3. When the cream has boiled, pour it over the chopped chocolate. Using a rubber spatula, slowly stir the chocolate and cream together, making sure not to add any air to the mixture.
3. Once the cream is incorporated, add the butter, again stirring slowly, to avoid aeration. Continue to stir until the butter is completely incorporated as well. The mixture should be smooth and glossy at this point. If not, continue mixing the ingredients until they combine. I find this process takes different lengths of time depending on the chocolate being used.
4. Add the finely chopped mint to the chocolate mixture, and stir so that it is evenly distributed throughout. Then place the bowl in the refrigerator until the mixture has set. Again, the time will vary depending on the ingredients, the fridge and the altitude.
5. Once the chocolate has stiffened, but will hold a form when molded, begin to form it into balls. This can be done by hand, with a melon scoop, whatever works. Alternatively, if you have candy molds, you can pour the liquid chocolate mixture into them and then let it set.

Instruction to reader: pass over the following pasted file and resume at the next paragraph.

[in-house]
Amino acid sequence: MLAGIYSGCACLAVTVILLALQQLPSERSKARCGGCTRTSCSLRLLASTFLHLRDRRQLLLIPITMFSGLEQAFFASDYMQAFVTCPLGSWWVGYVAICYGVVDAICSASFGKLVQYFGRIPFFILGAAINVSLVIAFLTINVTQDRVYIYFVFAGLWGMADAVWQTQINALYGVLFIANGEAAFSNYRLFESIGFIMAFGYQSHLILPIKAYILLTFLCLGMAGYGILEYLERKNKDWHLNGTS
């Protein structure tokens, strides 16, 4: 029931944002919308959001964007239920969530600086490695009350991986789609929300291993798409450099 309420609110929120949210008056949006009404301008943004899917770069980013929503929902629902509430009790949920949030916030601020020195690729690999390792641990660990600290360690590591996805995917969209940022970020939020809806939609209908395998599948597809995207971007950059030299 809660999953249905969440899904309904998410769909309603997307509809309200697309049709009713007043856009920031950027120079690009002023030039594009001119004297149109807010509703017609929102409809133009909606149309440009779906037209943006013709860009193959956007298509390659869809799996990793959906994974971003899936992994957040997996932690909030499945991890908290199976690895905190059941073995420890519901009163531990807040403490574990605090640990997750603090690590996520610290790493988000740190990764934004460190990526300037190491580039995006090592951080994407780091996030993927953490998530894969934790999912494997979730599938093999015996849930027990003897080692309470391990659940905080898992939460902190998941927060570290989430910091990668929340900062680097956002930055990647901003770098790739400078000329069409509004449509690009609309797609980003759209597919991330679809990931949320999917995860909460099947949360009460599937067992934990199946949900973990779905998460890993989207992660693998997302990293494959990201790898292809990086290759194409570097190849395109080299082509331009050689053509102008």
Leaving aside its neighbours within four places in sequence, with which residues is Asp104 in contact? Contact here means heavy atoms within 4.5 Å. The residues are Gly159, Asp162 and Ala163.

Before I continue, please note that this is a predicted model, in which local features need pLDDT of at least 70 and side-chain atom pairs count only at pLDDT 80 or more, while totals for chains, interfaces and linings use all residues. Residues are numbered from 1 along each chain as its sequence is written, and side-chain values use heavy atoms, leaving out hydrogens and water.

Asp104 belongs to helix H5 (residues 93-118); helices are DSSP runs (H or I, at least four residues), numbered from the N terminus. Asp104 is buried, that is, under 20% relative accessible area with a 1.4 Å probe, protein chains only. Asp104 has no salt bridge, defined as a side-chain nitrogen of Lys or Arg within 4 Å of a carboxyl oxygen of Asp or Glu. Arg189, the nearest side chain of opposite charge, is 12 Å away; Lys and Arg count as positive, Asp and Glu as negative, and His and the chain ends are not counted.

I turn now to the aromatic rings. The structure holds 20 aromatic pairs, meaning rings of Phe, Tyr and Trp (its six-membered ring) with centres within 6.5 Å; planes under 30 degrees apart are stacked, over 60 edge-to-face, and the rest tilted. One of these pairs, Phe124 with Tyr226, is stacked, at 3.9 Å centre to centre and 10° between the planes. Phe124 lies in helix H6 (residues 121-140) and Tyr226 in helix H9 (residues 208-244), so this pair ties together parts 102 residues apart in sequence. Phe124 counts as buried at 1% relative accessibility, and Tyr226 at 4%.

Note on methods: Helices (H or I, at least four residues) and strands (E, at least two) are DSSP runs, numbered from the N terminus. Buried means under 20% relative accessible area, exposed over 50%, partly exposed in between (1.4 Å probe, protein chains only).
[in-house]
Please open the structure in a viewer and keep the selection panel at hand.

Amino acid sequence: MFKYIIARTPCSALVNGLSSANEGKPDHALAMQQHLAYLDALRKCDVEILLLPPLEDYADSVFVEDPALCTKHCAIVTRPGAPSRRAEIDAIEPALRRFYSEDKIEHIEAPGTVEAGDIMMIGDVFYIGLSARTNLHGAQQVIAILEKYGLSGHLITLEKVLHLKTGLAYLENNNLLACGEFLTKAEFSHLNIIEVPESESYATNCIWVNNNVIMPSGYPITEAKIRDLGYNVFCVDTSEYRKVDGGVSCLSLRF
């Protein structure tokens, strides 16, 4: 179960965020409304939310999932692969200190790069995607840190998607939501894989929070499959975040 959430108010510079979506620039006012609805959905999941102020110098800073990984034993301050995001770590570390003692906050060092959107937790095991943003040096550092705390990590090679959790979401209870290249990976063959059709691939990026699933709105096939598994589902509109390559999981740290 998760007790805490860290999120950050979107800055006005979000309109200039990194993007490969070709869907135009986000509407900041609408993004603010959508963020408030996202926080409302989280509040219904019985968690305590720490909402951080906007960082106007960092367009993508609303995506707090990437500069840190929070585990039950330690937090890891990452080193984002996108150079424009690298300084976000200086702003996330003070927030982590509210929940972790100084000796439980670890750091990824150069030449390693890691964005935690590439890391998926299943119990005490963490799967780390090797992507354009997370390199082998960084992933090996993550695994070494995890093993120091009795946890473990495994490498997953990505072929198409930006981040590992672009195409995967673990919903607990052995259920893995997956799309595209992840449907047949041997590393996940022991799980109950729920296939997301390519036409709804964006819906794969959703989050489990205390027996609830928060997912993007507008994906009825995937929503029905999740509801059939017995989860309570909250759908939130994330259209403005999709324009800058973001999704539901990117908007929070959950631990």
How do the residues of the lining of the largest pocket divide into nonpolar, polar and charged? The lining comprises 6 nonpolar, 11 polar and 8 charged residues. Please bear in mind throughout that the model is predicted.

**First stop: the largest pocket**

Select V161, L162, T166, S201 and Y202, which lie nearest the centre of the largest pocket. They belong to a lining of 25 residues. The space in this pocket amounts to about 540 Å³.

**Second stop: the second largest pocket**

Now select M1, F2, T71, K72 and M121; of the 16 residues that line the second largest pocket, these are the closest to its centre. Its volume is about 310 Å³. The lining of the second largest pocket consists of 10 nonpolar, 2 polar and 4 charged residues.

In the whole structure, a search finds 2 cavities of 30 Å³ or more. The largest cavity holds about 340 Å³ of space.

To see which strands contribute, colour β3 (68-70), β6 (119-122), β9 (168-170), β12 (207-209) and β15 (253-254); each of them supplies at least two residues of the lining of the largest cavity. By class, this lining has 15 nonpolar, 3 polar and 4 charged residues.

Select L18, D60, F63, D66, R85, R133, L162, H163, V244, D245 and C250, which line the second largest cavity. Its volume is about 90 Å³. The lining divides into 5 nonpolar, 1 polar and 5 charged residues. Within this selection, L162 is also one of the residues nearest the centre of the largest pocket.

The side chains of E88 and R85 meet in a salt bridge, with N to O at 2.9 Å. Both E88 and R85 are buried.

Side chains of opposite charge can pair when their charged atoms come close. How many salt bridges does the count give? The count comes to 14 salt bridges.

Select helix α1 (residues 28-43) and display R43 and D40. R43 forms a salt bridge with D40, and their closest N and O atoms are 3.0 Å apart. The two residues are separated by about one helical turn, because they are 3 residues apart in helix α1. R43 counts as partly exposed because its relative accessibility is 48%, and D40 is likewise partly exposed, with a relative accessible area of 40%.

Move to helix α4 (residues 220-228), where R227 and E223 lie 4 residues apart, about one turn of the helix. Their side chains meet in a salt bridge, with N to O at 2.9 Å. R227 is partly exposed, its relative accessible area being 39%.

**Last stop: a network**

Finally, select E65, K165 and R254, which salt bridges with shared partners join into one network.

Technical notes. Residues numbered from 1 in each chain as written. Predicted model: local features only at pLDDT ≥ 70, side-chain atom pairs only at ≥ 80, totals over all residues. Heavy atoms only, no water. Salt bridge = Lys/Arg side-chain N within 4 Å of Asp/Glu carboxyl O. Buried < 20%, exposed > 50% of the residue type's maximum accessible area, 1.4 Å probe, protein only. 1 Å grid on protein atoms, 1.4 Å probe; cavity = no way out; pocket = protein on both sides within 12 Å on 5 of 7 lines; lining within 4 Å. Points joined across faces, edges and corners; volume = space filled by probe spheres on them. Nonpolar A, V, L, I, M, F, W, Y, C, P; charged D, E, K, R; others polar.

6. When the balls are finished, roll them in the coating of your choice and serve. I like to use finely shaved white chocolate, but you can use candied mint leaves, chopped nuts, sugar or anything else you like, really.
Amp15, October 4, in Playing With Your Food forum
In Denmark the wild damsons are ripe now, and yesterday I made a couple of pounds of my special jam. Over the years I’ve made it with any member of the Prunus (stone fruit) family from sour cherries, over peaches, plums, fresh prunes, and damson, to the bitter sloe. They have all tasted great, but the cinnamon rather spoil the delicate colour of for example green gages and peaches, so now I tend to make it only with dark fruits, and of those I best like the wild damson from the hedges around the farms. The resulting jam is very intense and not too sweet, and I use it as well to serve with for example roast duck and cold meats, as on toast and in desserts.
SPICY DAMSON JAM
1 pound wild damsons,
0.5 cup water,
1-2 cup sugar,
2 tsp cinnamon,
1 tsp vanilla sugar,
0.5 tsp ginger,